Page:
Republican politicians in Arkansas, Florida, South Dakota and other states have said they would propose similar laws to SB 8 in upcoming legislative sessions.

SCOTUS ‘shadow docket’

Conservatives have schemed for years to pack state legislatures and courts and get a majority of anti-abortion justices on the Supreme Court. Now they have the majority on the high court, and five of their justices — three of them Trump appointees — just delivered a victory to reactionaries who seek to overturn the right to legal abortions. 

SCOTUS issued a short ruling before midnight on Sept. 1, which by a vote of 5-4 allowed Texas SB 8 to stand. Of the dissenting opinions, Justice Sonia Sotomayor wrote the most scathing attack not only on Texas executives and legislators, but on the five justices who “silently acquiesced” to the Texas law, and ignored their obligation to protect women’s legal rights.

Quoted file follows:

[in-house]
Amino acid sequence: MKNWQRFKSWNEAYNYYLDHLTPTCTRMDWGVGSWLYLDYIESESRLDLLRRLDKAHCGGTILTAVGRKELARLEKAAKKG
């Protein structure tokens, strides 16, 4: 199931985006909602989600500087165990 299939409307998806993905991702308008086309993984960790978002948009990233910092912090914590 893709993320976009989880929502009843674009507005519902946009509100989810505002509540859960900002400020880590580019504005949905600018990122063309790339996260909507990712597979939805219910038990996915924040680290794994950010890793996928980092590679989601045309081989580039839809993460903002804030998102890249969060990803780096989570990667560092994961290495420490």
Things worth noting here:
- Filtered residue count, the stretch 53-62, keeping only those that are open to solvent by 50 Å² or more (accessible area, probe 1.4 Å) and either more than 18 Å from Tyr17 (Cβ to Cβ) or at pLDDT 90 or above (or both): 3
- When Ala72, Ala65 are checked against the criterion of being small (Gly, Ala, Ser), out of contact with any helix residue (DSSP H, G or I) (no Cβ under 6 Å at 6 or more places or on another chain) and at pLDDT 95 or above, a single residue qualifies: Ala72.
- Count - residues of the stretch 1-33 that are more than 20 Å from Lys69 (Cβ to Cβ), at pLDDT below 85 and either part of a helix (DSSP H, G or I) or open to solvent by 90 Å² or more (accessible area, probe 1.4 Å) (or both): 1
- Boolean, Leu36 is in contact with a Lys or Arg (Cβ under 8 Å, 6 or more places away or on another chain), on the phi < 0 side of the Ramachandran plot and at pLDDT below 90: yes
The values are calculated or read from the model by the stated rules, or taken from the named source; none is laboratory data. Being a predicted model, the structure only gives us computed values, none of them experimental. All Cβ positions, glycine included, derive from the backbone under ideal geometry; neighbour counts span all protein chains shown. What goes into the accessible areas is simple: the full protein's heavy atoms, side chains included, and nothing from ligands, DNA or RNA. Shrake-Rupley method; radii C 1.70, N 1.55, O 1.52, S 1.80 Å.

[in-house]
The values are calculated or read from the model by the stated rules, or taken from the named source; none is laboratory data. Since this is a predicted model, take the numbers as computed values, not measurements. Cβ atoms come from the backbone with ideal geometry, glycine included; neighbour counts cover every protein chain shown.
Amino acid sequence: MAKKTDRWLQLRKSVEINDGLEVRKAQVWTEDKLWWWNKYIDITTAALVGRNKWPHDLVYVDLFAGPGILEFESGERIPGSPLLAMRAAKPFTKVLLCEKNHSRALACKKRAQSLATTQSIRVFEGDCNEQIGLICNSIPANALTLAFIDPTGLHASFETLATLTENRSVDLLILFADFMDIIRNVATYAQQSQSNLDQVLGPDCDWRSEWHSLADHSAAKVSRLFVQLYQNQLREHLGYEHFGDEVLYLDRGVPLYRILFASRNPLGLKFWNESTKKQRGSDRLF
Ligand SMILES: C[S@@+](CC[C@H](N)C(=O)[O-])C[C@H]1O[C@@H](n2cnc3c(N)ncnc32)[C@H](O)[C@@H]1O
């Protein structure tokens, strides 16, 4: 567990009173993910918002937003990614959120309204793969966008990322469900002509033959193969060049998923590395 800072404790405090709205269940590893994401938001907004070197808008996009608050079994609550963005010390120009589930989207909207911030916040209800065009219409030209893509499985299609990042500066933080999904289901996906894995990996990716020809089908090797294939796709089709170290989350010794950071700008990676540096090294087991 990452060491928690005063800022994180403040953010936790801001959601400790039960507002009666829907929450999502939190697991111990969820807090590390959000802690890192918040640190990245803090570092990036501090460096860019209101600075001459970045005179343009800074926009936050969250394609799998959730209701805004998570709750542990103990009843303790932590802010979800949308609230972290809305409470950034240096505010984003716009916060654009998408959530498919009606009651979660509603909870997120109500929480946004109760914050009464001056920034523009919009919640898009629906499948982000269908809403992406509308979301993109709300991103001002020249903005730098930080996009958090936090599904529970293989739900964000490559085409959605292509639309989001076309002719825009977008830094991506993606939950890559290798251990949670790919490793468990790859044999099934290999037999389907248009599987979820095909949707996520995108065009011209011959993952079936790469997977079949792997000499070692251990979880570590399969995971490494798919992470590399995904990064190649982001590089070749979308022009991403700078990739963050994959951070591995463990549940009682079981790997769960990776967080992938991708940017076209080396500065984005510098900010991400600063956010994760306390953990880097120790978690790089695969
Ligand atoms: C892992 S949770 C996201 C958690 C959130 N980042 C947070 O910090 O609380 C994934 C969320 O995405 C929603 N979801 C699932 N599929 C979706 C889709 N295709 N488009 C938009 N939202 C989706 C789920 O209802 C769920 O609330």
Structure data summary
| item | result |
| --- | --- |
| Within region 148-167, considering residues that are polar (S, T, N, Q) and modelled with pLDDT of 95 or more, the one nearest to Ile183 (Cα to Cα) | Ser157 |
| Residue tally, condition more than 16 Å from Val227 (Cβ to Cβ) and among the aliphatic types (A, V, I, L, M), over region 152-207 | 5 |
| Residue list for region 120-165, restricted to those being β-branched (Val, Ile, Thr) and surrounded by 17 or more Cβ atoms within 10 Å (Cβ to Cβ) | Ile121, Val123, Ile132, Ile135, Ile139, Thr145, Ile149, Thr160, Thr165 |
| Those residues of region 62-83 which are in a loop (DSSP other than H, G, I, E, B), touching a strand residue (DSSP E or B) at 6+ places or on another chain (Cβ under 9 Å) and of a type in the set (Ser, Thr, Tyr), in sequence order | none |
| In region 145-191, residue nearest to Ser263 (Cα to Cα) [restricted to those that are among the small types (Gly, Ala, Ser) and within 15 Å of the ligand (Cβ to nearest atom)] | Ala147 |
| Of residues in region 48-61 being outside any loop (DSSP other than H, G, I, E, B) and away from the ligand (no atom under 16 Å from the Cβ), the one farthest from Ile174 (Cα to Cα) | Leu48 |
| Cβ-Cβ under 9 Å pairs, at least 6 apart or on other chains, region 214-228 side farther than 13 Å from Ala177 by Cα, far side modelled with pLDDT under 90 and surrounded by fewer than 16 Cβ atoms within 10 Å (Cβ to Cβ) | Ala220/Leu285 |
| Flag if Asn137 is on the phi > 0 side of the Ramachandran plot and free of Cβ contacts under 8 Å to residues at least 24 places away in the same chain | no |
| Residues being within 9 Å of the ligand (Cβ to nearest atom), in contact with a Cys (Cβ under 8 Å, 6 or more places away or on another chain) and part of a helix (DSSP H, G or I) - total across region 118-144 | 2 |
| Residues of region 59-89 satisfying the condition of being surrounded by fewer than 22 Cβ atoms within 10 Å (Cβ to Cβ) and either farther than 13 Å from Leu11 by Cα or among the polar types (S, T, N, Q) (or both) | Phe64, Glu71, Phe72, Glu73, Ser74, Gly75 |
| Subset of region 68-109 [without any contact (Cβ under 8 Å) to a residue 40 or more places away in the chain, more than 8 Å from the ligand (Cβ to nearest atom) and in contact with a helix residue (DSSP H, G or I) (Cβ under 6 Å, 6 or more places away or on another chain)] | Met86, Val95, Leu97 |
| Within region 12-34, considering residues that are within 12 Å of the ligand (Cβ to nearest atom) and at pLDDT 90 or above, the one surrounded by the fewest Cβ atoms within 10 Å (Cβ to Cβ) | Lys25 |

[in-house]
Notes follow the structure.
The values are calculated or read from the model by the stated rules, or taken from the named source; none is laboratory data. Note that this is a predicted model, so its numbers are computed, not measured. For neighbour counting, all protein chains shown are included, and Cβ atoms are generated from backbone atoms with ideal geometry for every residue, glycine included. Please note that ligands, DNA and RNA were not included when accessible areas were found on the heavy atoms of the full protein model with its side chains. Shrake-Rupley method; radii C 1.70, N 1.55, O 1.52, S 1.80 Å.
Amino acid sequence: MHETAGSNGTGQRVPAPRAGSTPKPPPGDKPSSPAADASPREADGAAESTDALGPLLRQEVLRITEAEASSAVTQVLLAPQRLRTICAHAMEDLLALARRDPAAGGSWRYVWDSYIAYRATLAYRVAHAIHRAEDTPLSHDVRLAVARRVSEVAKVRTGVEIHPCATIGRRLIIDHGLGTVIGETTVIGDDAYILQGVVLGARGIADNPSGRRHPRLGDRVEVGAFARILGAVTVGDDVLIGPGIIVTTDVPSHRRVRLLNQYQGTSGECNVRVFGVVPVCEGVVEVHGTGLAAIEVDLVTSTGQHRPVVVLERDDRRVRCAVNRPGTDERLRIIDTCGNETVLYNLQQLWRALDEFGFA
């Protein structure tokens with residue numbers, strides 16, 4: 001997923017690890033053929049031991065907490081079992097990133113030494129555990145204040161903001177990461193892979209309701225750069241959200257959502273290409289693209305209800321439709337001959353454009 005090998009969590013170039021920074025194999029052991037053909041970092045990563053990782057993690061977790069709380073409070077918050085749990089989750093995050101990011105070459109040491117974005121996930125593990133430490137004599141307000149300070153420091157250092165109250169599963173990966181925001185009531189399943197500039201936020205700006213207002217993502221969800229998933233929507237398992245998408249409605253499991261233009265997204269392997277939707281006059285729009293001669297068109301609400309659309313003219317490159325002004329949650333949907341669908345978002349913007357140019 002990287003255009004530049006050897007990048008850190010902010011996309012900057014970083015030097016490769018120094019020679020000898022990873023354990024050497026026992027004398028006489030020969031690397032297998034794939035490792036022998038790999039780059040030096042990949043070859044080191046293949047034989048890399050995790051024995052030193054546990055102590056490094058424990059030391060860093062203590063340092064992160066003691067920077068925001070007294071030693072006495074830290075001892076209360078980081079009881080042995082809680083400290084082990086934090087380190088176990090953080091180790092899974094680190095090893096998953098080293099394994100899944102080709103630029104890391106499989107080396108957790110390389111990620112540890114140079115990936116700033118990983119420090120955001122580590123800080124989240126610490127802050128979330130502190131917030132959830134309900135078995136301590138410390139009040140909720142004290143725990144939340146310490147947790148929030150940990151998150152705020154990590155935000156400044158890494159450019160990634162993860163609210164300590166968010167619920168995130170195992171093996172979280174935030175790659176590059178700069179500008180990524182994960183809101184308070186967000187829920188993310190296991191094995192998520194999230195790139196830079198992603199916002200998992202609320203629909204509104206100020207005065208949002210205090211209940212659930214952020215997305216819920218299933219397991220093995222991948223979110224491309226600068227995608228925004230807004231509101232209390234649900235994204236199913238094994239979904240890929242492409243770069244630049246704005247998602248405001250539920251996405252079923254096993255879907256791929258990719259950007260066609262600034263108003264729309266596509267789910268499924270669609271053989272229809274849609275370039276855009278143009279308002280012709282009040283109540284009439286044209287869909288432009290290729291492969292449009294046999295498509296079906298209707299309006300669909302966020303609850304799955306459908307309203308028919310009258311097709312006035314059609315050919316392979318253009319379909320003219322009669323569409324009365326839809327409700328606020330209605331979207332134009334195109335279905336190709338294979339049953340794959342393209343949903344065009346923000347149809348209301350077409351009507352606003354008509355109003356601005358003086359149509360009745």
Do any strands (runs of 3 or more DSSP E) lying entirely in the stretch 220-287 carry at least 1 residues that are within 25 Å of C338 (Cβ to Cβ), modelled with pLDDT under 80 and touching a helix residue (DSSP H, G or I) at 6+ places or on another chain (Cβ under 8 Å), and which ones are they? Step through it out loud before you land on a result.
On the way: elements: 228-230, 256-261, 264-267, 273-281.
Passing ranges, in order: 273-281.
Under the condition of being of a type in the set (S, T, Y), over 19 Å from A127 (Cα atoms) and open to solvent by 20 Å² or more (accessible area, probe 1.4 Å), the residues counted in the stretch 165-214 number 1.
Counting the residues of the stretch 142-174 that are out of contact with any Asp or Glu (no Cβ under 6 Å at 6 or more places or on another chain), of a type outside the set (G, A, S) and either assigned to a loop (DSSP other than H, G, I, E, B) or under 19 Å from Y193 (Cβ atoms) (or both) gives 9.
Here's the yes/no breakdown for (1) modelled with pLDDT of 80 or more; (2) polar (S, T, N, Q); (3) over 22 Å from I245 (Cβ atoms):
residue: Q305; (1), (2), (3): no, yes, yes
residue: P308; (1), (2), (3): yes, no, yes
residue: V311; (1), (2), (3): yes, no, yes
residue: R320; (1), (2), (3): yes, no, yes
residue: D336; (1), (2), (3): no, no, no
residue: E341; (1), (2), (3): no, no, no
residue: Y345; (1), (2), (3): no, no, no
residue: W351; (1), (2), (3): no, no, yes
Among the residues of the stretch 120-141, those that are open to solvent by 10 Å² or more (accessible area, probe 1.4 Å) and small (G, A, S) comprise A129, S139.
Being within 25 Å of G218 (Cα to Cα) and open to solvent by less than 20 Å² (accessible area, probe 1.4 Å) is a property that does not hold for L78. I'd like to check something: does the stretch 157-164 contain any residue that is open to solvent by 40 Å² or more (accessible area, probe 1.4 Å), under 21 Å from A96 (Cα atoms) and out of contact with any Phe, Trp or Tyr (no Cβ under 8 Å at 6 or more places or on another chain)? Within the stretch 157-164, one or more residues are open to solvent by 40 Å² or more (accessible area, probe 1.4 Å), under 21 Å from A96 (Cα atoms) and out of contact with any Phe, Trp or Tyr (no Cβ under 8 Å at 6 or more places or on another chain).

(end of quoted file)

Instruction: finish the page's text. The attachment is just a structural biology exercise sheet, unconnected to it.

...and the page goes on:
In what is called a “shadow docket,” the high court’s decision was handed down without signatures, prior notification, written legal briefs or oral arguments. The ruling was done in secrecy, as part of a plan to quietly gut abortion rights.

Since 85% to 90% of abortions occur after six weeks’ gestation, SB 8 is a nearly complete ban on access to abortion. Medically safe, legal abortions will be denied to most Texas residents who request the procedure. The restrictions  will fall the hardest on people who already face obstacles in seeking safe abortions — low-income, Black, Latinx, Indigenous, im/migrants, disabled, transgender, rural residents and victims of domestic violence.

The truth is that abortions have always occurred — legally or illegally, safely or unsafely. The procedures will continue, even if pregnant people have to travel far, borrow money, or in the worst-case scenario, desperately resort to back-alley or self-induced abortions.